Mortality levels in England and Wales are close to what they were before the start of the COVID-19 pandemic, the Continuous Mortality Investigation (CMI) has revealed.
The CMI's latest update shows that there were 100 more deaths between 22 and 28 January (week four) of this year than during the corresponding week of 2019. This means that mortality was just 1% higher than would normally be expected.
However, despite 'excess' mortality now being relatively low, the analysis shows that there were still 1,385 COVID-19-related deaths during the fourth week of this year.
“In the second half of 2021, the number of excess deaths was similar to the number of deaths with COVID-19 mentioned on the death certificate,” explained Cobus Daneel, chair of the CMI's Mortality Projections Committee.
“However, the picture is very different in weeks two to four of 2022 – with nearly 5,000 mentions of COVID-19 on UK death certificates, but fewer than 400 excess deaths.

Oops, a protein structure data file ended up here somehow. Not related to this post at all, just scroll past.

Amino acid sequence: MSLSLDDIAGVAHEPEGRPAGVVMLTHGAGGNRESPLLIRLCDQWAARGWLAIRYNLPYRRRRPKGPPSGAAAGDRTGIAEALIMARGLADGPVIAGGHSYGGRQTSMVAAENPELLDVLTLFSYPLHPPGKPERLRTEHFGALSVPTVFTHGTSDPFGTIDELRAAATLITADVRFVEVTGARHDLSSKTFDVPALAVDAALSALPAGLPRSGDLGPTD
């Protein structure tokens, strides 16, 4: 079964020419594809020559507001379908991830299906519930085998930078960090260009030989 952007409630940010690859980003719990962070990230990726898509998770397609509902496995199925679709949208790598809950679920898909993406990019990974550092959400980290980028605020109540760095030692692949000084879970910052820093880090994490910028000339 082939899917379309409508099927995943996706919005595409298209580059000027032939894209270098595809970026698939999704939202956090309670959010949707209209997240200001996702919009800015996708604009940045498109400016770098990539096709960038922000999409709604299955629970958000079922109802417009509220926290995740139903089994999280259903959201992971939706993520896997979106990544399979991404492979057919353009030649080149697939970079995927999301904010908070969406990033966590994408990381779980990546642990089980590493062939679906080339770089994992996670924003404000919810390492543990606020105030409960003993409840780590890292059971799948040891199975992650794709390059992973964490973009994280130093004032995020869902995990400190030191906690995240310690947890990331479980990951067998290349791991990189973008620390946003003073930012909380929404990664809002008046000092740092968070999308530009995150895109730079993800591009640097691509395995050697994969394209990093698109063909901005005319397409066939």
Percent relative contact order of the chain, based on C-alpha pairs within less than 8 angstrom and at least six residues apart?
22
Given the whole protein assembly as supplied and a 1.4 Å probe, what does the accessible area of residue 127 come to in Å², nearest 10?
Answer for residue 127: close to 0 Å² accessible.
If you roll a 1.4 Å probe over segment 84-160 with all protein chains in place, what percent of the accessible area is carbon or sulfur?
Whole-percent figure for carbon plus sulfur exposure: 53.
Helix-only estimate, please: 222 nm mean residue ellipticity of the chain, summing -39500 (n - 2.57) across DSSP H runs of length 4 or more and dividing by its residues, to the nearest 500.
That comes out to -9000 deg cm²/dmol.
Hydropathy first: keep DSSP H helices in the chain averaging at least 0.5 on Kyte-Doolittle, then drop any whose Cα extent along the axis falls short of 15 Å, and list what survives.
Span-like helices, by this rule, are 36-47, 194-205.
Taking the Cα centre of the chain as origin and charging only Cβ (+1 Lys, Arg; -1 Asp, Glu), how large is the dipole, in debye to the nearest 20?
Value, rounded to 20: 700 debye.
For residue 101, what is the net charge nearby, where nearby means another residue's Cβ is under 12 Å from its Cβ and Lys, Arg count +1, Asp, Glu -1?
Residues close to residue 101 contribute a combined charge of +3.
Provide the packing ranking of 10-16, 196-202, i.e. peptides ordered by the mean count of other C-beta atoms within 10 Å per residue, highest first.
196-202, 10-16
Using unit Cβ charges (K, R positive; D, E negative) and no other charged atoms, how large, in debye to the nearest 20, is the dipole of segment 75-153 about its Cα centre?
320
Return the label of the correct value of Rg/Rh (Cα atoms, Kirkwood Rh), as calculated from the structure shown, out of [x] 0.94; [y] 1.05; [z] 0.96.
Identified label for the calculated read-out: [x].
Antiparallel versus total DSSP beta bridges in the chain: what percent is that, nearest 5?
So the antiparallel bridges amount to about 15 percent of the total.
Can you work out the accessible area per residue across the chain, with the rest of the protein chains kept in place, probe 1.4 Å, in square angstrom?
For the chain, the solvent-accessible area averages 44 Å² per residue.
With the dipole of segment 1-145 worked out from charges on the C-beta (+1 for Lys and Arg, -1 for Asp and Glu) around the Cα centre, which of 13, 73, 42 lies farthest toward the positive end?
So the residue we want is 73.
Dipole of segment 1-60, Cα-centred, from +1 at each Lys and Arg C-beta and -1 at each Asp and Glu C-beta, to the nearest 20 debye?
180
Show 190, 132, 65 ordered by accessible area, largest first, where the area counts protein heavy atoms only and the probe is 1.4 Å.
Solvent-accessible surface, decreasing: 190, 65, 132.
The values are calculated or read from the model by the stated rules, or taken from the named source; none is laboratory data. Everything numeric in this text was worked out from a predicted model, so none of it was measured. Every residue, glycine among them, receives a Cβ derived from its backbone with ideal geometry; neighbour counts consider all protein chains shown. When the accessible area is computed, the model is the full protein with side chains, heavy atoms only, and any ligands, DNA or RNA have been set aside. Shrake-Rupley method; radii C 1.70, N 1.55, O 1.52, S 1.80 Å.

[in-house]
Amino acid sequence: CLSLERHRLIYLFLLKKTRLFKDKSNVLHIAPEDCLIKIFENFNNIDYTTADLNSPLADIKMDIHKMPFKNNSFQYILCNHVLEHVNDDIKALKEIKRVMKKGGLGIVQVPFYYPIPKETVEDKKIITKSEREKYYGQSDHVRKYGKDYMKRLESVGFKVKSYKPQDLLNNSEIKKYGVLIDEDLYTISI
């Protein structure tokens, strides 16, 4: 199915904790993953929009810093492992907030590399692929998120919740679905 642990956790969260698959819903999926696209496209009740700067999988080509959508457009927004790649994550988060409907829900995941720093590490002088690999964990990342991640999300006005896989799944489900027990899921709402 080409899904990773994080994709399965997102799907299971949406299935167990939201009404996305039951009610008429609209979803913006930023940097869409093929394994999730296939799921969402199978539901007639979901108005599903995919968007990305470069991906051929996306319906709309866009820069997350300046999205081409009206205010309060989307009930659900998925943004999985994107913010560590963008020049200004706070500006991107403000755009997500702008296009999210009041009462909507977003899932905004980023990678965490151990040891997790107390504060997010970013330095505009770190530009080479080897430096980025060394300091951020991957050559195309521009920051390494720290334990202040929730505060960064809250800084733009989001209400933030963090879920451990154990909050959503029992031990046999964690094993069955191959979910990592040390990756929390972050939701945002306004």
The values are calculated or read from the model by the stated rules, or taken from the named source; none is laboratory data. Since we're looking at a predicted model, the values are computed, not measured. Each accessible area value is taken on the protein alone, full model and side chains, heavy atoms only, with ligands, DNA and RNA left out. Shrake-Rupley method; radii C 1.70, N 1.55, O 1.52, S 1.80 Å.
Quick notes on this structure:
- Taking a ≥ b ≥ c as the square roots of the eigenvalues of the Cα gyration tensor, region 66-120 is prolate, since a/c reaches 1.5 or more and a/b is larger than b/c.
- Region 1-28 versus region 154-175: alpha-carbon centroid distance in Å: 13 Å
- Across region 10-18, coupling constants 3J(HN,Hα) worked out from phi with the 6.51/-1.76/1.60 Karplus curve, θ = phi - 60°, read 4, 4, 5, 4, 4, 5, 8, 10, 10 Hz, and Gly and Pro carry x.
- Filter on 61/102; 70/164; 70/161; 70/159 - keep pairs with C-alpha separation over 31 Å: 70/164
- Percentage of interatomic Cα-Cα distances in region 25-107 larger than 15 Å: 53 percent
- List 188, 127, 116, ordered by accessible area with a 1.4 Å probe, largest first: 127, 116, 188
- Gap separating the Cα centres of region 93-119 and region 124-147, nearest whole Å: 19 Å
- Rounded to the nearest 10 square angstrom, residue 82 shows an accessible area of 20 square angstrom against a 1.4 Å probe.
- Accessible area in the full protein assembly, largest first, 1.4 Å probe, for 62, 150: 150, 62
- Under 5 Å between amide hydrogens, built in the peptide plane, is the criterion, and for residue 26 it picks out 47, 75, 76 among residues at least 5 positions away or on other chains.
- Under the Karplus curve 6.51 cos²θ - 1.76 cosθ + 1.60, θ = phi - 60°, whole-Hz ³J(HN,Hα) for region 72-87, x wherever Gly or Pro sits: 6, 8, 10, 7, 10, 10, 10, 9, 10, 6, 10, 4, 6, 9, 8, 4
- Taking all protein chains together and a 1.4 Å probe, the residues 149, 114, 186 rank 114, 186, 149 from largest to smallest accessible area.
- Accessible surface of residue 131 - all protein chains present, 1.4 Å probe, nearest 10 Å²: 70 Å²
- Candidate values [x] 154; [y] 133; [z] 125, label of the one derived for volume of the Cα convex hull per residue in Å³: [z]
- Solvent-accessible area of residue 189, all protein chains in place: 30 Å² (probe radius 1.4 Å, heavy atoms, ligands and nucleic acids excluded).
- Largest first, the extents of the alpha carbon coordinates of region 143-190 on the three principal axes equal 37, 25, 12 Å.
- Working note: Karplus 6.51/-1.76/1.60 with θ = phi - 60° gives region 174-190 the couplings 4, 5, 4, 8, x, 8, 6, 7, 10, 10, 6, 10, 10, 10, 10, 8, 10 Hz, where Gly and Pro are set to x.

“This shows that while COVID has contributed to a significant number of deaths, overall mortality is similar to the pre-pandemic level for the time of year.”
Owned by the Institute and Faculty of Actuaries, the CMI has been publishing analysis of the UK's mortality rates during the coronavirus crisis through its mortality monitor, based on data from the Office for National Statistics.
The latest update comes after it recently revealed that death rates over the last two years have risen at the worst rate recorded sine WWII.
Overall, the CMI now estimates that there have been have been around 121,700 more deaths than usual in the UK between the start of the pandemic and 28 January 2022, of which 1,300 have occurred this year.
“Taken together, 2020-2021 has been a remarkable two-year period, with a greater increase in mortality than we have seen since WWII,” Daneel said.
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Author: Chris Seekings